Award points for good behavior; take them away for misbehavior.

Posted October 11th, 2016.

Categories: Child Custody, Custody Tips, Family Law.

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Some families operate like a well-oiled machine, each member taking responsibility for his or her space and working together as a team. Parents are often lucky to have courteous children who clean up after themselves, maintain the household, and follow sanitary bathroom etiquette.

In other families, however, the kids seem to reject the rules. Perhaps they have learned bad habits while staying at the other parent’s household. In such cases, it is important to set the ground rules for household behavior and maintenance. A system of rewards and punishment can be implemented to hand out points to children who meet or exceed or the good behavior and clean living standards. Points can be subtracted from those who break the rules. Points can be redeemed later for extra benefits or opportunities.

While such a system won’t be necessary in every household – and it won’t work in some – it may create a genuine incentive in some children to act appropriately and to follow household maintenance procedures. Where there are several children, it could inspire a healthy do-good rivalry between them.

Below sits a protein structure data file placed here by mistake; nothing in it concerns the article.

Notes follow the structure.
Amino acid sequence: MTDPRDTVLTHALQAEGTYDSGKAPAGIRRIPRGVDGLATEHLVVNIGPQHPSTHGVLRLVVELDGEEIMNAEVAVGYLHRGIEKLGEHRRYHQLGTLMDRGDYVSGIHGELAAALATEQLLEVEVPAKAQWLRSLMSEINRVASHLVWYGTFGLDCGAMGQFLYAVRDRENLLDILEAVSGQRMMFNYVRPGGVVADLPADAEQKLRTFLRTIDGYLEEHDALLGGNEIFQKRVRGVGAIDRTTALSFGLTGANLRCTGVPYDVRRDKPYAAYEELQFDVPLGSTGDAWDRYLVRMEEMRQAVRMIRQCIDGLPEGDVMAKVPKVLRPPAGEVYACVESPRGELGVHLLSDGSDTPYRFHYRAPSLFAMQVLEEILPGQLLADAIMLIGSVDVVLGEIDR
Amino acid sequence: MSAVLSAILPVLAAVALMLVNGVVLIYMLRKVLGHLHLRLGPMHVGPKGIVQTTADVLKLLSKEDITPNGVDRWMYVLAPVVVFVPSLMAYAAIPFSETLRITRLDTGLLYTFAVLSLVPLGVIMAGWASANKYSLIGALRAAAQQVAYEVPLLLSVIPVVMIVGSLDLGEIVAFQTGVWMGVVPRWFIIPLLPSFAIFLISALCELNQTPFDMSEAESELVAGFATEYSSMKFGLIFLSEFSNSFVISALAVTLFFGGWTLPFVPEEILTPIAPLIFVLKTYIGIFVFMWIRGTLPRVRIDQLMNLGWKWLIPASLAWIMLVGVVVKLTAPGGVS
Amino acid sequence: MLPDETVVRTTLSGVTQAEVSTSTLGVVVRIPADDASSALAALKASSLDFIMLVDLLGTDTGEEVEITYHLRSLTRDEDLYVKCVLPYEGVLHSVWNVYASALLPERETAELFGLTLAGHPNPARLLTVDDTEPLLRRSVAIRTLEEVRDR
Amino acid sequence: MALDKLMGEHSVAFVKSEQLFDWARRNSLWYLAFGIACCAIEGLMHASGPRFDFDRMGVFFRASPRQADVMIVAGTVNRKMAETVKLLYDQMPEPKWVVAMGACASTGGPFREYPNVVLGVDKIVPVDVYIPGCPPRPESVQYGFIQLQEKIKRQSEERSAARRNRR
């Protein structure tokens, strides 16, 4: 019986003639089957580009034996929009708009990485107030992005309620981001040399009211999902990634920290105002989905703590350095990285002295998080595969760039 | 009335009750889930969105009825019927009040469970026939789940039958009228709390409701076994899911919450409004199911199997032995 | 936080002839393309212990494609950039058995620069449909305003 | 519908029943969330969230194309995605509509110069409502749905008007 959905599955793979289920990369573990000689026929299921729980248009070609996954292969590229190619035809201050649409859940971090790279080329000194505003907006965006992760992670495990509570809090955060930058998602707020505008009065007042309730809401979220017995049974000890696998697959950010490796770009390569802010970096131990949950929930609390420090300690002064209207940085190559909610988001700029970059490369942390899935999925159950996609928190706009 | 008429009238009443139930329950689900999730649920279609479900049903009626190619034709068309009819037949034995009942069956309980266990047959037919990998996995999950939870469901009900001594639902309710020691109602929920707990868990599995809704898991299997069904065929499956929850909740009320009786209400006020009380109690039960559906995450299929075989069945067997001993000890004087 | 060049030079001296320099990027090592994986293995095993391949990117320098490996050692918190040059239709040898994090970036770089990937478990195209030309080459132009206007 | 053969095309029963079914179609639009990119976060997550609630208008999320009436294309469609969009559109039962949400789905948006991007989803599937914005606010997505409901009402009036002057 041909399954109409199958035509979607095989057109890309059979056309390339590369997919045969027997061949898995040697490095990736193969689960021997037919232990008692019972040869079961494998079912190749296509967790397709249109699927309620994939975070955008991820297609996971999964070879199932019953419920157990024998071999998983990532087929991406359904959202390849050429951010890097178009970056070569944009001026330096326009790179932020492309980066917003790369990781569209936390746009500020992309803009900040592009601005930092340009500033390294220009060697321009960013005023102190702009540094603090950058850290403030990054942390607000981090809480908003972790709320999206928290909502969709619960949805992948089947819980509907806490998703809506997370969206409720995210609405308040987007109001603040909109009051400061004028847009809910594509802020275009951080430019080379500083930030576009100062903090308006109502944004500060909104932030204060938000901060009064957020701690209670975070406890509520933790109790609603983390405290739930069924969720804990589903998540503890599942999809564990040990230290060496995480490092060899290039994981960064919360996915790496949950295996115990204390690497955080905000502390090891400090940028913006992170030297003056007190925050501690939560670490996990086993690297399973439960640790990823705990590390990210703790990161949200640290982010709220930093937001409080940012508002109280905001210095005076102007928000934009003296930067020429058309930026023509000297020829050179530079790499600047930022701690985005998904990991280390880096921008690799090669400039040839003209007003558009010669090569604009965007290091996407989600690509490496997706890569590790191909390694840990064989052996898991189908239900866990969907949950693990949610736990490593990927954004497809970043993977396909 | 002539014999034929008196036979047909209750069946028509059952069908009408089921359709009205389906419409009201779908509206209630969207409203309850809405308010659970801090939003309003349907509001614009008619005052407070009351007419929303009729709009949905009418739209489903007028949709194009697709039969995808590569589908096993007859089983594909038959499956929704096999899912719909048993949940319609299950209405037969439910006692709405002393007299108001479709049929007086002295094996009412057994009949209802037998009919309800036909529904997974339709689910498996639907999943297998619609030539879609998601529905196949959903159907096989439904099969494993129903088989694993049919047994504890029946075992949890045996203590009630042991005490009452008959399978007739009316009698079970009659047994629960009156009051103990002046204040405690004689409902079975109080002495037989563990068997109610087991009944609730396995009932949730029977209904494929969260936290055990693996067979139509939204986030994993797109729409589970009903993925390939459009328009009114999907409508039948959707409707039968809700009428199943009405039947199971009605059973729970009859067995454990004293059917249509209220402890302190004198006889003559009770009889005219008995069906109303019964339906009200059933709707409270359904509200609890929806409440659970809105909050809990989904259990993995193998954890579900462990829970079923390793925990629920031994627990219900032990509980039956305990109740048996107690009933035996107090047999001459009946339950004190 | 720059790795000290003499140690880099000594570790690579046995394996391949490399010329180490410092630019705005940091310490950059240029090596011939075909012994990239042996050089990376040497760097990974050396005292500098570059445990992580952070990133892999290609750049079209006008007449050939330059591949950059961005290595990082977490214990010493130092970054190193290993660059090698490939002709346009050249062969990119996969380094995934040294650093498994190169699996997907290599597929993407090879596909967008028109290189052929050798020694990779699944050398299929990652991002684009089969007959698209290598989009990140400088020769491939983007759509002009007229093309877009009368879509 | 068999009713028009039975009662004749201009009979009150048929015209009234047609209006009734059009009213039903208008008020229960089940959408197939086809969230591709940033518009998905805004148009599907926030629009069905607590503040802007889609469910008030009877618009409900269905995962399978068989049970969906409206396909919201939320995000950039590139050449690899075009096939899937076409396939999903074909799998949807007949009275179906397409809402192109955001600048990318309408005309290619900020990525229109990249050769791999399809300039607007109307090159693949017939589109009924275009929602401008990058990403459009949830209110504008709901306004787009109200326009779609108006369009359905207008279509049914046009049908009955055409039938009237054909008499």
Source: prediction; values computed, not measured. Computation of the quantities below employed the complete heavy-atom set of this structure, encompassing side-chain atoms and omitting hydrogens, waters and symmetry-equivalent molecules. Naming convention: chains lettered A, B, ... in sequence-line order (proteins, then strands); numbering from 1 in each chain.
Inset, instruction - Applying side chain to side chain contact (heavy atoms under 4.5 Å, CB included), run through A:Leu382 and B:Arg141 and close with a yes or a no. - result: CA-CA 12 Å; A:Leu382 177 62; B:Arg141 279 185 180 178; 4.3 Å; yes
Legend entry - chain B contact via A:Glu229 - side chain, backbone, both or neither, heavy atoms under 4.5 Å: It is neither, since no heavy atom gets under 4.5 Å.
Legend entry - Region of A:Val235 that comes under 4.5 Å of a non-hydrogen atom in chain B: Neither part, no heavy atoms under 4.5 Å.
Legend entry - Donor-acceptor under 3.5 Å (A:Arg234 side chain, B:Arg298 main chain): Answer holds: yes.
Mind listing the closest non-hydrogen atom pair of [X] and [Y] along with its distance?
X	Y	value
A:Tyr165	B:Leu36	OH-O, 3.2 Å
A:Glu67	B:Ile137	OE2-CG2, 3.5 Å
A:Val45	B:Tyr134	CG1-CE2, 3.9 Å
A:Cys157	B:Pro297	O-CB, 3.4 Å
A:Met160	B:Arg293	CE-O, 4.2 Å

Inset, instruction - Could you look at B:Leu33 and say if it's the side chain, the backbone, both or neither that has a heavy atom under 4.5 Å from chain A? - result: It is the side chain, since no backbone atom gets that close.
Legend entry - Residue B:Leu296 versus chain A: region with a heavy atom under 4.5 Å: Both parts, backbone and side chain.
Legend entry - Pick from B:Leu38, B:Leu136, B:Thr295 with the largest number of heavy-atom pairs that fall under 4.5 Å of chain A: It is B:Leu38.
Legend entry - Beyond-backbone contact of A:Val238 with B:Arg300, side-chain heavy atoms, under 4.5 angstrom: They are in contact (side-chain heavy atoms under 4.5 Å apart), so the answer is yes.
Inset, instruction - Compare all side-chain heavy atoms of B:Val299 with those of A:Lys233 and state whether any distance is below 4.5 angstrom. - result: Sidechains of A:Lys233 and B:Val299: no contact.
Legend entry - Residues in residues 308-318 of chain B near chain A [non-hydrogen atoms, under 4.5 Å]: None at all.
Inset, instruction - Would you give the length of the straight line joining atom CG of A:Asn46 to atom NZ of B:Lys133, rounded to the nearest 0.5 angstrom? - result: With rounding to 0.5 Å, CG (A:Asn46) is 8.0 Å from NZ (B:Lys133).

A system of rewards and punishment, if administered fairly and equally, can help a parent in a child custody or visitation case. Where they are unruly children, it shows that the parent has taken charge and adopted rules and procedures for running the house. Even where the kids are generally well-behaved, a point system can reflect well on a parent by showing that the parent respects tradition, structure and gentle discipline as a way of living.

Of course, not every family can or should apply such a system. And variations may be necessary depending on the age and number of children, religious or cultural restrictions, and the nature of the living and time-sharing arrangement.

Where a system of rewards and punishments is implemented, and where the children are engaged with it, there will be many positive outcomes: Kids will develop a sense of personal responsibility, attentiveness to detail, competitive instinct, and an understanding of maintaining a structure. If you’re lucky, too, you’ll end up with well-behaved children and a clean house.

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